Pandemic-era restrictions were in place across all polling stations, many of which are located in school buildings.
Voters currently in self-isolation due to the coronavirus were permitted to vote from home on submitting an application on a one-off basis.
Edited By: Emmanuel Yashim
United States initiates ‘snapback’ process to reimpose sanctions on Iran – Pompeo
The United States has initiated the so-called snapback process to restore almost all previously lifted UN sanctions against Iran, United States Secretary of State Mike Pompeo said in a statement on Saturday.
“Today, the United States welcomes the return of virtually all previously terminated UN sanctions on the Islamic Republic of Iran, the world’s leading state sponsor of terror and anti-Semitism,” Pompeo said.
He said the snapback of previously terminated UN sanctions became effective at 8 pm Washington time (0000 GMT).
Iranian Foreign Minister Mohammad Javad Zarif rejected the United States move, saying that the snapback mechanism and reimposed sanctions were invalid.
“This step is not supported by the UN Security Council because the United States is no longer in the nuclear agreement and accordingly no longer plays a role in UN resolution 2231,” Zarif said referring to the resolution in which the UNSC backed the Iran nuclear deal signed in Vienna in 2015.
The move by Washington was merely a “propaganda trick” ahead of the United States election, Zarif said on Iranian state television.
Washington’s plans to reimpose international sanctions on Iran have been met with overwhelming opposition from other countries.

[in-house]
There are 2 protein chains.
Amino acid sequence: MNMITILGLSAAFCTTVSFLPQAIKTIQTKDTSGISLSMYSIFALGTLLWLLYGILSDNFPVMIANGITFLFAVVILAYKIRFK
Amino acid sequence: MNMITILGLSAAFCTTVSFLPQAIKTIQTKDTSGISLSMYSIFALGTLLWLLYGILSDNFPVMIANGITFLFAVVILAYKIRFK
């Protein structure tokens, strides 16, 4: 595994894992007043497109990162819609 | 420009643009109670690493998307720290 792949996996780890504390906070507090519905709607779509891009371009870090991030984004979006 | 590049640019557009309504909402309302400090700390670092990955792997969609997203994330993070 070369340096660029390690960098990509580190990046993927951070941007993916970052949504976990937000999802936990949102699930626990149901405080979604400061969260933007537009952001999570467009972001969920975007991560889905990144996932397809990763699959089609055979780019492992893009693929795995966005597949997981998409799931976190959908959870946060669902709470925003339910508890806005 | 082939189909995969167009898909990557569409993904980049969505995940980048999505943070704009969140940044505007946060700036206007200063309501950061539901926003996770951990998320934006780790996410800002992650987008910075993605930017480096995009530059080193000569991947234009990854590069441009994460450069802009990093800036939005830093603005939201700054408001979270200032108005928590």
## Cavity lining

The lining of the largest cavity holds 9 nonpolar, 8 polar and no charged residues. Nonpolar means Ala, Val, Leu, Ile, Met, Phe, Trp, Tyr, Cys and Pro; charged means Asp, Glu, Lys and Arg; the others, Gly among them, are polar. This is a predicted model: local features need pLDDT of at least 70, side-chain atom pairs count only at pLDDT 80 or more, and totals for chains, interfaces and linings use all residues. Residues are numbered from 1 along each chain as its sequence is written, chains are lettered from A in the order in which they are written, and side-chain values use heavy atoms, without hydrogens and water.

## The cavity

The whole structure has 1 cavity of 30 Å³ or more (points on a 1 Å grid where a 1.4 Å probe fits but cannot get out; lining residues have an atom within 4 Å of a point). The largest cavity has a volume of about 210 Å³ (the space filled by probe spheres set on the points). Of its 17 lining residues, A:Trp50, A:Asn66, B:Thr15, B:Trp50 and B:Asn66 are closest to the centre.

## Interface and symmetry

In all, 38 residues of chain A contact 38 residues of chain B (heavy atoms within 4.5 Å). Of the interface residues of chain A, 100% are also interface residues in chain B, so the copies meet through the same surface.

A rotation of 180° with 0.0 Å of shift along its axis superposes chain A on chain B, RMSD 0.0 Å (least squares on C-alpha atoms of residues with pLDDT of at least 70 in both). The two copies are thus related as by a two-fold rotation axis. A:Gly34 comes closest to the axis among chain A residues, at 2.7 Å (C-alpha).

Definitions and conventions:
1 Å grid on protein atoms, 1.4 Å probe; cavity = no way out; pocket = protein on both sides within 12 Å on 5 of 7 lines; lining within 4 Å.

Other members of the UN Security Council (UNSC), including key United States allies who are part of the 2015 Iran nuclear deal, have rejected Washington’s move and have vowed to ignore it.
Under the nuclear deal, formally known as the Joint Comprehensive Plan of Action (JCPOA), Tehran limited its nuclear activities in return for sanctions relief.
“Sanctions are being re-imposed on Iran pursuant to the snapback process under UN Security Council resolution (UNSCR) 2231. On August 20, the United States notified the President of the Security Council of Iran’s significant non-performance of its JCPOA commitments,” Pompeo said in the Saturday statement.
“Virtually all @UN sanctions have returned on Iran, the leading state sponsor of terrorism and anti-Semitism.
“This includes a permanent extension of the arms embargo. This is great news for peace in the region!” Pompeo added on Twitter.
He later added that Washington would soon “announce a range of additional measures to strengthen enforcement of @UN sanctions on Iran.”
“Our maximum pressure campaign on the Iranian regime will continue until it stops spreading chaos, violence, and bloodshed,” he said.
United States special representative for Iran and Venezuela Elliott Abrams had already signalled Washington’s determination to reimpose sanctions on Tehran earlier this week.
The United States launched a formal bid in August to revive the UN sanctions under the “snapback” mechanism included in the Iran deal.
Those sanctions include the indefinite extension of an arms embargo that would otherwise expire in October.
But few countries believe Washington’s move is legal, as United States President Donald Trump unilaterally exited the JCPOA in 2018.
Washington said it would provide more information this weekend and next week on how the United States intended to enforce the global sanctions.
“In the coming days, the United States will announce a range of additional measures to strengthen implementation of UN sanctions and hold violators accountable,” Pompeo said in Saturday’s statement.
“Our maximum pressure campaign on the Iranian regime will continue until Iran reaches a comprehensive agreement with us to rein in its proliferation threats and stops spreading chaos, violence, and bloodshed,” Pompeo asserted.